Tiranee Achalakul, from King Mongkut’s University of Technology in Thonburi travelled to CERN to discuss further opportunities for collaboration with the O2 project. King Mongkut’s university was established in 1960 as a science and technology college and has been designated as one of Thailand’s National Research Universities.
Tiranee spent one week at CERN following an invitation by Luciano Musa and Pierre Vande Vyvre to discuss plans for King Mongkut’s University joining ALICE as an associate member and research opportunities in the O2 project.
Tiranee is a computer scientist and her research focuses on high-performance computing. She and her team will participate in the architectural design of a cluster, as well as performance benchmarking testing parallel algorithms on GPU/CPU.
As she explains: “My work is doing computing for scientists to help them tackle the complexities arising in most areas of modern science. We are also members of the e-science consortium in Thailand that aims to develop resources and computing techniques for scientific calculations.”
Tiranee decided to work in engineering and from very early in her career she was fascinated by computing engineering. Following her studies in Thailand, she moved to the U.S. where she obtained her M.Sc. and PhD from Syracuse University.
After working for some years in Johnson & Johnson, she decided to move back to Thailand. She had to face the dilemma of staying abroad and continuing her career or moving back home and she decided that teaching and motivating young people about sciences matters most to her. “Of course a job in industry pays a lot but still it wasn’t giving me the satisfaction that I get by working in academia and particularly by mentoring young students. This is the part of my job as a professor that I enjoy the most.” Teaching and, more importantly, opening new opportunities to young people is what Tiranee finds rewarding in her job and why she always keeps looking for new opportunities.
This seems to be the case with CERN since it is known in Thailand as one of the most popular places around the world for doing research. Tiranee started building her collaboration with Pierre in the O2 project. She says: “It seemed like an exciting thing for me but also for my students. I wanted them to have this unique experience.”
Currently, two of Tiranee’s students are based at CERN working for different aspects of this project. “One of my students works on benchmarking of Graphic Process Units. The other one works on task scheduling and how to optimize your cluster when you receive a lot of scientific requests.”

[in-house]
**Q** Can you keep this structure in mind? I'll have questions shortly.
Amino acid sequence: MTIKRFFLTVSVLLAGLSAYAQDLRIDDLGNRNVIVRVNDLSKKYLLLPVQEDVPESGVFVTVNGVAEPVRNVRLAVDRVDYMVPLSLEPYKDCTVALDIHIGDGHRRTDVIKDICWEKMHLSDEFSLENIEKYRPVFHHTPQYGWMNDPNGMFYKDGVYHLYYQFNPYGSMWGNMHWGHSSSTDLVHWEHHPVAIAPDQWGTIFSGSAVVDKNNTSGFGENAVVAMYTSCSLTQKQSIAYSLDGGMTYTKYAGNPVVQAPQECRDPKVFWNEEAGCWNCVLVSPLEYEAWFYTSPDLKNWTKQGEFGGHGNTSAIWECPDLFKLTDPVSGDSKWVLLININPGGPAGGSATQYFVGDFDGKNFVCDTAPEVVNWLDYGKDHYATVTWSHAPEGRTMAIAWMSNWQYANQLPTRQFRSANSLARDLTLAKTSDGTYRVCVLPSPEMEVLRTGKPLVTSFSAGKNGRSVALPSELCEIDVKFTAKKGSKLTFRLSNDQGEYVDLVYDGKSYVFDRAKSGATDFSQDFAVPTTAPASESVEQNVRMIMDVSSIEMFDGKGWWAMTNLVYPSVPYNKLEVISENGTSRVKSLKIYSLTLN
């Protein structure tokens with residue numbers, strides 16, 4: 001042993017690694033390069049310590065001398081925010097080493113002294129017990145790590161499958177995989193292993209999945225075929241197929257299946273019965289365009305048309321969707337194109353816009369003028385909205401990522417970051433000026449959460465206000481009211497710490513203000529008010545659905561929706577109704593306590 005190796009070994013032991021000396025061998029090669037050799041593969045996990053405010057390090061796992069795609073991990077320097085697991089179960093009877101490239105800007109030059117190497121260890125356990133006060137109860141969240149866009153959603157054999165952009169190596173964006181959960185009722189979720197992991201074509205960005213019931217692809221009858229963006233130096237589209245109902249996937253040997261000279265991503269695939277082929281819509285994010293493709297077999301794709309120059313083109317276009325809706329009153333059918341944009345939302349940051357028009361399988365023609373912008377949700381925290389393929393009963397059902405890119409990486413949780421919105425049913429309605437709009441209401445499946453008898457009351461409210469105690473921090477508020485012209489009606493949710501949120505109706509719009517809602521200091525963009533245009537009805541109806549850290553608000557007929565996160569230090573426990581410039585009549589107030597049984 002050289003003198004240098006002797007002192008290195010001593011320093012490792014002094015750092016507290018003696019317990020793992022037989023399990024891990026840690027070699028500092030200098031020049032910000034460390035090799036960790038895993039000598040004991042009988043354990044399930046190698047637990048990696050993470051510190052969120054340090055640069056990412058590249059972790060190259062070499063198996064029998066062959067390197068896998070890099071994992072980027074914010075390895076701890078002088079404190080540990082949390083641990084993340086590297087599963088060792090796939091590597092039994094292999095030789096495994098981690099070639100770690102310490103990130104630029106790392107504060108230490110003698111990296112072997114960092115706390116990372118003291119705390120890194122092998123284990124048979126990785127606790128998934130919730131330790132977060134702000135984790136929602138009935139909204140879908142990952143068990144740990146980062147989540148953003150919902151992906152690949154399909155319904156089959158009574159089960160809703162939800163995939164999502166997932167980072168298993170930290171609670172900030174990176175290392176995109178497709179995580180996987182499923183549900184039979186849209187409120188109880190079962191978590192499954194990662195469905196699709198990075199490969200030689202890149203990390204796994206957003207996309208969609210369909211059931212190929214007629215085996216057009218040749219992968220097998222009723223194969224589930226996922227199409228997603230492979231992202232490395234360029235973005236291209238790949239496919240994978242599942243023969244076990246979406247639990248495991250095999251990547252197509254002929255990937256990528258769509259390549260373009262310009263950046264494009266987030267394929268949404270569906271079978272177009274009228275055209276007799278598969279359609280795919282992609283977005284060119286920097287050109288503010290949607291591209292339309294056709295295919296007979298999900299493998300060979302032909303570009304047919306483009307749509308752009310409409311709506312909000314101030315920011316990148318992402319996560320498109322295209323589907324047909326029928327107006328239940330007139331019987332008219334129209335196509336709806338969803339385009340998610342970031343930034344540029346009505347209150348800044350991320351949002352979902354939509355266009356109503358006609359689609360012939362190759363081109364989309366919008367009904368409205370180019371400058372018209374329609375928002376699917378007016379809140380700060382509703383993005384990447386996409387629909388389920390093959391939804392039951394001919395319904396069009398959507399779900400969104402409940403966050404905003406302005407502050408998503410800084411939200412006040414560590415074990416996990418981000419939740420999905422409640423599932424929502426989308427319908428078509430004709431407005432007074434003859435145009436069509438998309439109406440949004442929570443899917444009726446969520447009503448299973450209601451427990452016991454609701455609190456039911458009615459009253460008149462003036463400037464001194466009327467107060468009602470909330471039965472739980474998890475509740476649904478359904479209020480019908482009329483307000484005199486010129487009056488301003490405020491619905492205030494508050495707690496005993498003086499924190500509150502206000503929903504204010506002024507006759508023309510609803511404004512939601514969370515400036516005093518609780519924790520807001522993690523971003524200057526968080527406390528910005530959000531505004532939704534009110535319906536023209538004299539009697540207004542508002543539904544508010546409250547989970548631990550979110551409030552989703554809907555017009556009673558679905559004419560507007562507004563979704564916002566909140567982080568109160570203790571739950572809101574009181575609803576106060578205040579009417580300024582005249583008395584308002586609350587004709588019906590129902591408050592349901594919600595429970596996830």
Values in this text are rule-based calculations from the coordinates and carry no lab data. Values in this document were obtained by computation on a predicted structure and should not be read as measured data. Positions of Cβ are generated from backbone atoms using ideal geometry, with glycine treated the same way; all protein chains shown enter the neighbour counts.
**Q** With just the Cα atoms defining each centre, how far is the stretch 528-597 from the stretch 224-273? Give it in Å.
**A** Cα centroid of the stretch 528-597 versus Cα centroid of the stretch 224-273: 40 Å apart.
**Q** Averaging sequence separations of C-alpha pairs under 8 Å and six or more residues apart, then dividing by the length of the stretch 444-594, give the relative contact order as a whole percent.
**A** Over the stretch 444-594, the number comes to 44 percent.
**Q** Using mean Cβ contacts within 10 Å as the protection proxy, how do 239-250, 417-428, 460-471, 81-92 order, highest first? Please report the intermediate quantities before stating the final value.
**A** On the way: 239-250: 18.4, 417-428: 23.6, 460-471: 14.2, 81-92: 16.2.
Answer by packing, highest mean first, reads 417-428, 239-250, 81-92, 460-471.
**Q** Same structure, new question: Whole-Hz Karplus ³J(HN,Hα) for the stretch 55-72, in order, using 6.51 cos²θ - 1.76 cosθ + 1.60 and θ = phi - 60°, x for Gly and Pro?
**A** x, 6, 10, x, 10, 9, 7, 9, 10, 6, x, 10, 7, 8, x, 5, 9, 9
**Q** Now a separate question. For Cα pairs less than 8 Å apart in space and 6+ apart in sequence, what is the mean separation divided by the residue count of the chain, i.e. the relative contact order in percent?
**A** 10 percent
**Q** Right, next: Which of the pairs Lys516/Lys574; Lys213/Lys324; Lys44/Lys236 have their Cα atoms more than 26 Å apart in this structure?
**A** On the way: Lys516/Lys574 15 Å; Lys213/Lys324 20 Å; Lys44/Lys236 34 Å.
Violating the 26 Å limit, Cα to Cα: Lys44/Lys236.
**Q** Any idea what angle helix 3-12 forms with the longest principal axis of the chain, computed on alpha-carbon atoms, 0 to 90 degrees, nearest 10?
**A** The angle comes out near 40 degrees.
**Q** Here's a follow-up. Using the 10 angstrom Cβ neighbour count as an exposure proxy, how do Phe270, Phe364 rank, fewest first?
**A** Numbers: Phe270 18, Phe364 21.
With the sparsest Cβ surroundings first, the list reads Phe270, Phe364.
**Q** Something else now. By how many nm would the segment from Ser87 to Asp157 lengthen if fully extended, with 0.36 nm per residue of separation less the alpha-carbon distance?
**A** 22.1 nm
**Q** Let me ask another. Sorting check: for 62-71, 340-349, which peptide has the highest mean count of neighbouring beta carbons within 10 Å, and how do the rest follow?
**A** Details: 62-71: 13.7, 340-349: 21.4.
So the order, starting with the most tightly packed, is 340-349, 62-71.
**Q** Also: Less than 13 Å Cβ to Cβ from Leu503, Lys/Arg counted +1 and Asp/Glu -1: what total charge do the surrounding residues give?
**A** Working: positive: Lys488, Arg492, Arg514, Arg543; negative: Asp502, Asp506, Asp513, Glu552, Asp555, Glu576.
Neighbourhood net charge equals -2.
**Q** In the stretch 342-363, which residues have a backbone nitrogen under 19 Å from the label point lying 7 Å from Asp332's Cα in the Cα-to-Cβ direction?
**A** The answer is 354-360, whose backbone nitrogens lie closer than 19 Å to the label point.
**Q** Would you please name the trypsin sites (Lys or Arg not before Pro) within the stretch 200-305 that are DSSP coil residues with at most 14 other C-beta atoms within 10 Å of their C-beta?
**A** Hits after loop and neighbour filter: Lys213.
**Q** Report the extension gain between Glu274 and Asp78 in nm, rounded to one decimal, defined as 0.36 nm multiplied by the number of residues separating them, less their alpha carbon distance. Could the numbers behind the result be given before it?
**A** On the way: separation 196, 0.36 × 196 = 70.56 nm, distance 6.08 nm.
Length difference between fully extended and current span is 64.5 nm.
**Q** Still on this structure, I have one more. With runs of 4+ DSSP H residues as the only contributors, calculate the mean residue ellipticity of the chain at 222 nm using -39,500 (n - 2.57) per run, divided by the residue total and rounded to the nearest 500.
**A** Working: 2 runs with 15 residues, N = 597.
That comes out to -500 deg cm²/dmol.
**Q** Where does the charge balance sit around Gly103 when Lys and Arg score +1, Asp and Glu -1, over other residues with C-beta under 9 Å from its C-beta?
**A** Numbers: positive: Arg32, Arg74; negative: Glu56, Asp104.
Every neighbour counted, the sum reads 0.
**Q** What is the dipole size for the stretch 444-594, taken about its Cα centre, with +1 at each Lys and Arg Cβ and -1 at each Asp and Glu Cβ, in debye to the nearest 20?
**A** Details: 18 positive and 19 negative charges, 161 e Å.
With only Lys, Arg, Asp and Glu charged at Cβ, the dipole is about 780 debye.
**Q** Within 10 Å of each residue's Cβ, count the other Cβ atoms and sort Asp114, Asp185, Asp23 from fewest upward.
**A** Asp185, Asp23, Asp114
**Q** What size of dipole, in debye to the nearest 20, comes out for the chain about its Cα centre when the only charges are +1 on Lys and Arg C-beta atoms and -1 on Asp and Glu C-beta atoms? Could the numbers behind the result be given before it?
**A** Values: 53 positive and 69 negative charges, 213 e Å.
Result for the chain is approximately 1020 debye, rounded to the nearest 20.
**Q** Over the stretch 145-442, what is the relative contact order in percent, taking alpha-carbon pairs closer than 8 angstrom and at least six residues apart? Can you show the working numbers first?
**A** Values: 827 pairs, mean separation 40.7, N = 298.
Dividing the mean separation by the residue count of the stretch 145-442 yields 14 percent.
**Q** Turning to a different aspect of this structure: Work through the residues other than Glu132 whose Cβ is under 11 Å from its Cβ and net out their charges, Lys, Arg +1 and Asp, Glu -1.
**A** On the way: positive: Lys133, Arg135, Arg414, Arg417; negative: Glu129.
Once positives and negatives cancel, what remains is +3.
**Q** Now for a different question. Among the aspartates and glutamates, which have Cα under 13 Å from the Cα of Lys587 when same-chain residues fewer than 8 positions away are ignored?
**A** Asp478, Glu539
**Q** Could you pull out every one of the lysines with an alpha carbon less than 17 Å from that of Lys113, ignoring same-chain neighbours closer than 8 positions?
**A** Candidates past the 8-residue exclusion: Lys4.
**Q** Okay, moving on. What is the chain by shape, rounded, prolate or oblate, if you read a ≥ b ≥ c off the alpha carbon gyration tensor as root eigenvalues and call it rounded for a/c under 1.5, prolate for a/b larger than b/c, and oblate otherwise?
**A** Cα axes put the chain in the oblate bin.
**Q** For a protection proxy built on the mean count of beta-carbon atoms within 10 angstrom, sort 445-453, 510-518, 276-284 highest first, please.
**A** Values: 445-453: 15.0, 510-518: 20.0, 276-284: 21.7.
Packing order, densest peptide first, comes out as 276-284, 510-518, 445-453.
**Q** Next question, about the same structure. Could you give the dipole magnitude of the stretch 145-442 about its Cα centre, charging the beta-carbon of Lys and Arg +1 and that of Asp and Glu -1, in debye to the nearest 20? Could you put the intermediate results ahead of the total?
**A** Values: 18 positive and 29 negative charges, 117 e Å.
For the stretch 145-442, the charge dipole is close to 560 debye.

It is the first time that Tiranee is tackling a problem in particle physics and certainly all these new concepts sound quite impressive and complicated at the same time. However, a computer scientist designs new algorithms and therefore she doesn’t have to understand all the physics behind the problem. “We have to ask the physicists about the equations that they use and how the processes should be like and then design the algorithm. Before HEP, I worked in medical imaging and I must say that it was easier to follow some theories with which they are working. Overall however, the type of the problems is similar and one doesn’t need to be a biologist or a particle physicist to work on the computational side of things”.
Finally, she talks about her future plans: “We discussed with Pierre Vande Vyvre and Paolo Giubellino the possibility of applying for an associate membership to the ALICE Collaboration and of course the next steps of this collaboration. The plan is to have three topics spinning off. One of them is the configuration and monitoring of the cluster, which interests Pierre. Another is the creation of mobile volunteer cloud computing for ALICE that enables users to donate the resources of their mobile devices. Through e-science we now want to submit a proposal for support from the Synchrotron Light Facility, while there are also some other funding sources that I am now exploring.”